Association of Reciprocal Safety Councils

ARSC’s mission is to provide to ARSC members world-class safety education, risk management services and resources that are consistent, cost-effective, reciprocal and that conform to regulatory standards and industry accepted practices that will result in a safer world.

Welcome to the Association of Reciprocal Safety Councils (ARSC)

Here you can find out about who we are, what we do, and the programs we offer. Feel free to browse the pages, and if you don't find an answer to your particular question, please contact us.

Take a look at where ARSC is today.


Council representatives to ARSC work together to develop and revise current training programs that meet a significant portion of OSHA requirements, as defined within the standards. This allows councils that perform site orientations, to work with industrial facility representatives, in reducing the amount of redundant information in their site orientations thereby increasing the effectiveness of the training while reducing the cost of development. This is the historical basis upon which, Basic Orientation Plus® and Basic Orientation Plus - Refresher were initially created. We now have many reciprocal programs. The objective of ARSC is to continue this approach and continue to produce new and effective additional reciprocal training programs.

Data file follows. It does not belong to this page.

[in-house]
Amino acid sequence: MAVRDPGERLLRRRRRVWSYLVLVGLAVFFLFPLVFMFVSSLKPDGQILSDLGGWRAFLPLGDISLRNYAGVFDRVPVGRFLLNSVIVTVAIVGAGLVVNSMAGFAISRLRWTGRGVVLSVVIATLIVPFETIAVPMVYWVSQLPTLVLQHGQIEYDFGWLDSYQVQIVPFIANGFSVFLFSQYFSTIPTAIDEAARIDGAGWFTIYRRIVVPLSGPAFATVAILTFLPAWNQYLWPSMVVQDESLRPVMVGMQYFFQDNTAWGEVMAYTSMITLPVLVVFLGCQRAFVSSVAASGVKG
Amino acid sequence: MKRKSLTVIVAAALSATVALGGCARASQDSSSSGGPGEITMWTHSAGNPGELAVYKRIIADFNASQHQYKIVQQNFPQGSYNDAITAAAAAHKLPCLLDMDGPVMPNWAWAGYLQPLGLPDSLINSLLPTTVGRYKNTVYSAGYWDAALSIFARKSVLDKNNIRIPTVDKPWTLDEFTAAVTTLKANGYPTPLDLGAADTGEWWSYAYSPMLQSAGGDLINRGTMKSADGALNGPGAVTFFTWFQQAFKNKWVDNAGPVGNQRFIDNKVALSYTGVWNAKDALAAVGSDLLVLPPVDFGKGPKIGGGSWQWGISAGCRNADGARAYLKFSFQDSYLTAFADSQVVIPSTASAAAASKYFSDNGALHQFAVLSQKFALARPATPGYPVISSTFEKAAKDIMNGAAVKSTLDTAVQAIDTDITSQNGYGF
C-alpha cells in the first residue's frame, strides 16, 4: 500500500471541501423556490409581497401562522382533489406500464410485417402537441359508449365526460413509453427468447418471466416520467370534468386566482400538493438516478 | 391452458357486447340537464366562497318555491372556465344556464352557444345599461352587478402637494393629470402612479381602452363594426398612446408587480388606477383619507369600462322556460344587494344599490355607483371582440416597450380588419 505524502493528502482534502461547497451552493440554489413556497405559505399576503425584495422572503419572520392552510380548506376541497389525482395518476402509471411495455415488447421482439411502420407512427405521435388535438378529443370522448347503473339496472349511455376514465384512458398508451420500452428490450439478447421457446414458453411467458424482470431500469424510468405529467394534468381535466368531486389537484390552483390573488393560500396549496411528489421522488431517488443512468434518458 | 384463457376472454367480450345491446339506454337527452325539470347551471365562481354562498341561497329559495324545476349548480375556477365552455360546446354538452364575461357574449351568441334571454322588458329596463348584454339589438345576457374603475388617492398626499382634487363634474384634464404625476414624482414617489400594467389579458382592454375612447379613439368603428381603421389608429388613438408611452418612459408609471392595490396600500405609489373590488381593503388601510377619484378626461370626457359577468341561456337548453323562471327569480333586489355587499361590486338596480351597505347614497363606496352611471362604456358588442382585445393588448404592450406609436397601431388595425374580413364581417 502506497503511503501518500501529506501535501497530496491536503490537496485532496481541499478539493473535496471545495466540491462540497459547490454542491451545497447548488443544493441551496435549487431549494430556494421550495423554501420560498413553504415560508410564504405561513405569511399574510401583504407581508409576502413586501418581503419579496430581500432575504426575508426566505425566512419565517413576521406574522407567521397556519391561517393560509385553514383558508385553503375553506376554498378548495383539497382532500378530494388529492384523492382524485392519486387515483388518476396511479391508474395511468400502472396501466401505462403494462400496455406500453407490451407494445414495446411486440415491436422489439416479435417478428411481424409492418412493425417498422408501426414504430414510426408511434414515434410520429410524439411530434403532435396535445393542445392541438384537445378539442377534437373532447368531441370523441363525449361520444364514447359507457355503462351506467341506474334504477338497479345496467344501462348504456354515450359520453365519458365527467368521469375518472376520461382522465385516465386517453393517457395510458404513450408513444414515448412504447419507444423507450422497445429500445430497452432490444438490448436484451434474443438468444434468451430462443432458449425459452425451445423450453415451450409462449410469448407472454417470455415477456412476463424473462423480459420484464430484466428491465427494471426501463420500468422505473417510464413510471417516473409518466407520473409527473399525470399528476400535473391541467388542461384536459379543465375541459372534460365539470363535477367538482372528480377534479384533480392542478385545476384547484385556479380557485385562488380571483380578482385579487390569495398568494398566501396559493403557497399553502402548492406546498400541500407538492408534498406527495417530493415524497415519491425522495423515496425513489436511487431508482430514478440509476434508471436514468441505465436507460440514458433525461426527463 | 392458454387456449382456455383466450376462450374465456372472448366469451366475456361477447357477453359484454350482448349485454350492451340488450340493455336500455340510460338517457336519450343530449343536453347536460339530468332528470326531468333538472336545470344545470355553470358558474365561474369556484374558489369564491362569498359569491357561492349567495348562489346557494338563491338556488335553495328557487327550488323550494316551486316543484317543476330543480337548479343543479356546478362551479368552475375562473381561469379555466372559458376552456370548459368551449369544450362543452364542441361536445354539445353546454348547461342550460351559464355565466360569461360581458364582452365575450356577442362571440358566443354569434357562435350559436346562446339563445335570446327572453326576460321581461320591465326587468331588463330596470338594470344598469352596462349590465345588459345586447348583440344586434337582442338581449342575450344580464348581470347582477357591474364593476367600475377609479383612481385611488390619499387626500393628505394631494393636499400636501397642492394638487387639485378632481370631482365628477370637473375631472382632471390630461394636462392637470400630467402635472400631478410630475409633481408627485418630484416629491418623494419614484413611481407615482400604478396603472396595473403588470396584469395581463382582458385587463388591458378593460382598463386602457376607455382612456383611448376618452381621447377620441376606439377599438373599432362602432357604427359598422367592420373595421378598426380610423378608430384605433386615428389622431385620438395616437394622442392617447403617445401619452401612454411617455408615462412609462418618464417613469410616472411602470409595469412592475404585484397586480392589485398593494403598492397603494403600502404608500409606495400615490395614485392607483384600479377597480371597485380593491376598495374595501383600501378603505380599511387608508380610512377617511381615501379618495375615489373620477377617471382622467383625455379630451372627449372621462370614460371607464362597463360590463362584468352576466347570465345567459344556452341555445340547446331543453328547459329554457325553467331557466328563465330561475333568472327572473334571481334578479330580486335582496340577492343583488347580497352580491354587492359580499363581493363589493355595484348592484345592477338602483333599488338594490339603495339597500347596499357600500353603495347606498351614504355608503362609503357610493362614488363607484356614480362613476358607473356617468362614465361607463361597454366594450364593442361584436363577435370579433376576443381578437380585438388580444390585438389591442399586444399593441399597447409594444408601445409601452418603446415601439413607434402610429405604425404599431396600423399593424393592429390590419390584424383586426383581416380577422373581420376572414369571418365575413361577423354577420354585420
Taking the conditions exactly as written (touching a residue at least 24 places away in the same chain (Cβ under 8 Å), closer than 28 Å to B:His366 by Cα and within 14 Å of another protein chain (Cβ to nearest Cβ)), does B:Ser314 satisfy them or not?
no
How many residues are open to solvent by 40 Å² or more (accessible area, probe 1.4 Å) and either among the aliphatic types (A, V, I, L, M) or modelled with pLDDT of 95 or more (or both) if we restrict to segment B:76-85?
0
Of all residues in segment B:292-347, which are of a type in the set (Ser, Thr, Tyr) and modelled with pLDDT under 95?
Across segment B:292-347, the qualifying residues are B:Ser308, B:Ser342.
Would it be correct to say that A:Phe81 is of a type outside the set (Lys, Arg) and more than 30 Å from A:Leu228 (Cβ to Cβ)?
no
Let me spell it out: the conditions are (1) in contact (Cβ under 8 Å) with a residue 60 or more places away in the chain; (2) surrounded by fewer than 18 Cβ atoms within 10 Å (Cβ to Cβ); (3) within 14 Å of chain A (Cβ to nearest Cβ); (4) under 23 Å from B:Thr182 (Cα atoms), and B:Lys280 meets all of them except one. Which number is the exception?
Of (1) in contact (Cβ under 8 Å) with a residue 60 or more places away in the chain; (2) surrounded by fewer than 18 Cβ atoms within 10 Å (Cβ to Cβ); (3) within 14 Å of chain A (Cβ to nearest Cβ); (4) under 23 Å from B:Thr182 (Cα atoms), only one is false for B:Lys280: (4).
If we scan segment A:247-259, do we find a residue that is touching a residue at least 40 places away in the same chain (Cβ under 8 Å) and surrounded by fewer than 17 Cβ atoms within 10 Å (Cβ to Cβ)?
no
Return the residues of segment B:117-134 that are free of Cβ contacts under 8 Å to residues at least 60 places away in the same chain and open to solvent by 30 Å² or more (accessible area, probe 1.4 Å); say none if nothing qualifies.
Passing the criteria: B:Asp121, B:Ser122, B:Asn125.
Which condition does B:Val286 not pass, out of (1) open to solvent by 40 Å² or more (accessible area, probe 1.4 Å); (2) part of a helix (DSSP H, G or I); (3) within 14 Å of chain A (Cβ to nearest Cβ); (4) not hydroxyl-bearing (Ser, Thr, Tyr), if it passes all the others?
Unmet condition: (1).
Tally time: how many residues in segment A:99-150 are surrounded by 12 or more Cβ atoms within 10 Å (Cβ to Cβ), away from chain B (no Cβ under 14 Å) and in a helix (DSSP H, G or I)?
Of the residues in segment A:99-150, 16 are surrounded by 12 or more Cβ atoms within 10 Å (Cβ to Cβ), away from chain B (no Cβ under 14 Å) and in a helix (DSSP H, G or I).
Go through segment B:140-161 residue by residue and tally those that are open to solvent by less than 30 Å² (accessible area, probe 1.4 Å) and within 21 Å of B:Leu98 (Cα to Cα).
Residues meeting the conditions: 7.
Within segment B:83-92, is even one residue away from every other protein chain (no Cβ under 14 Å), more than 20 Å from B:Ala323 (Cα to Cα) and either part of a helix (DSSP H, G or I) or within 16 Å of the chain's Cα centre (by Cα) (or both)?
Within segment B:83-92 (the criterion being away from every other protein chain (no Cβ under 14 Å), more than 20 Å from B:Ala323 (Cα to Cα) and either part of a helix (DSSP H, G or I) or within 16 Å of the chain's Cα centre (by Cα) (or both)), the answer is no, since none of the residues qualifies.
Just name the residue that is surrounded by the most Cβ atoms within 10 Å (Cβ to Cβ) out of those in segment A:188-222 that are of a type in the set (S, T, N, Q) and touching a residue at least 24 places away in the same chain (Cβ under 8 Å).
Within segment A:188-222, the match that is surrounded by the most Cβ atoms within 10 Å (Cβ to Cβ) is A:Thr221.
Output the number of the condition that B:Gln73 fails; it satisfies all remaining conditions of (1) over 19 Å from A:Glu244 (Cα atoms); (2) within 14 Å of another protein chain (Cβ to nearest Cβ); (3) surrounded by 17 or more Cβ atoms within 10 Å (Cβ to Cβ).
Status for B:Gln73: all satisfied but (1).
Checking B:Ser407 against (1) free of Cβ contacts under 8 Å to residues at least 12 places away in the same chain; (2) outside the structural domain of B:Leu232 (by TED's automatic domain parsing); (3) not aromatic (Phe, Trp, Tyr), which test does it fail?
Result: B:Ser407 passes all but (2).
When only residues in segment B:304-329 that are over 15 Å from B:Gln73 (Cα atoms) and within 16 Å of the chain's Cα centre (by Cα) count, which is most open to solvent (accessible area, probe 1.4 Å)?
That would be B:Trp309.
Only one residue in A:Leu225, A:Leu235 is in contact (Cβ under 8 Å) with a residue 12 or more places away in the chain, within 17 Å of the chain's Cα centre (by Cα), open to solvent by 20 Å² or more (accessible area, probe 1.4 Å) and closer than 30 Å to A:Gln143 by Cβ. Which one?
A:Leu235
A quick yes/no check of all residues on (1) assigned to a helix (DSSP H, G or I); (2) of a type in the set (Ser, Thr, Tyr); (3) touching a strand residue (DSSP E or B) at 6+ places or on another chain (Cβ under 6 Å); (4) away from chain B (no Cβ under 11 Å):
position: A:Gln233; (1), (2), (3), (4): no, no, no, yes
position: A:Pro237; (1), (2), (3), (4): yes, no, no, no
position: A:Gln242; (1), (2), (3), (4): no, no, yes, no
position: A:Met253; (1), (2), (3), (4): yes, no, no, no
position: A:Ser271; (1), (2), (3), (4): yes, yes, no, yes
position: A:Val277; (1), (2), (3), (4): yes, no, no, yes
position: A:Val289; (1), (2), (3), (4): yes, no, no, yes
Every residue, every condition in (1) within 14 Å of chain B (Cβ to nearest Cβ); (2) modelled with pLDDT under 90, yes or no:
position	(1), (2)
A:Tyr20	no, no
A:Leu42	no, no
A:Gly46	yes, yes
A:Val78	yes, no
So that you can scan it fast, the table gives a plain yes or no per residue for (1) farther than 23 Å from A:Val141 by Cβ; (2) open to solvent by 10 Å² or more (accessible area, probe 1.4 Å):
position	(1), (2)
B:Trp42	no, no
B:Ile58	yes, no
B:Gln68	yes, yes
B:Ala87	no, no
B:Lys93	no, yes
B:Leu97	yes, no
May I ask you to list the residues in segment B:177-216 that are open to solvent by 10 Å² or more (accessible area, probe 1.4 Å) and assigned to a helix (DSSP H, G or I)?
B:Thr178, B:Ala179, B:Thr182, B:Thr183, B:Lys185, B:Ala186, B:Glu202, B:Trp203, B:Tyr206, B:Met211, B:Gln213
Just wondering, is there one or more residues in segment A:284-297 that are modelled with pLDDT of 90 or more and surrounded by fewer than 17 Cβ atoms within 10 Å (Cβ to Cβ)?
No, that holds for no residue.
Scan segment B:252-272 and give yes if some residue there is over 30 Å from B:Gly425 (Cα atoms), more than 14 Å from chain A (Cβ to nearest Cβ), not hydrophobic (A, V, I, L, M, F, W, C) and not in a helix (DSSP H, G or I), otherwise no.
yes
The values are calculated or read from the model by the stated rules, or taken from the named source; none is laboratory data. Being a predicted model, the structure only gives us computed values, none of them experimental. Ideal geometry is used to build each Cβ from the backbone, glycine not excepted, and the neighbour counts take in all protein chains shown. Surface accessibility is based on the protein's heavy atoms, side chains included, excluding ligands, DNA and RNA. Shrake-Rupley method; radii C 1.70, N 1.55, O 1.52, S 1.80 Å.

The Basic Orientation Plus® program meets a significant portion of the OSHA mandated contractor requirements. This increases safety-training efficiency for the contract employee due to a reduction in redundant information being presented.

ARSC programs are not meant to relieve contract companies of all training responsibilities. There are elements of the standards that require the contractor to provide employer specific information regarding policy and procedures as well as some hands on training on specific equipment. 

The ARSC programs focus on the needs of industry. The contractors, the facilities and the workers benefit from cost and time savings by the reduction of repetitive training while assuring the quality of the training from council to council. There is also a savings to the ARSC members by reducing the amount of money each individual council must spend to develop their own programs. 

ARSC has an active Curriculum Committee comprised of volunteers from the various member organizations. These volunteers review and maintain the Curriculum to ensure that training objectives are met and the training applies to current industry and Federal Government regulations as well as best industry practices. 

The Basic Orientation Plus® and the Basic Orientation Plus - Refresher curriculum and test questions were revised in 2017. The current Basic Orientation Plus® and the Basic Orientation Plus - Refresher curriculum includes a new bank of professionally designed and validated test questions with a test design matrix. We have also provided an ARSC Study Guide for the Basic Orientation Plus® Programs and Spanish versions of the programs for the optional use of our members. The programs are fast paced and informative for today’s audience.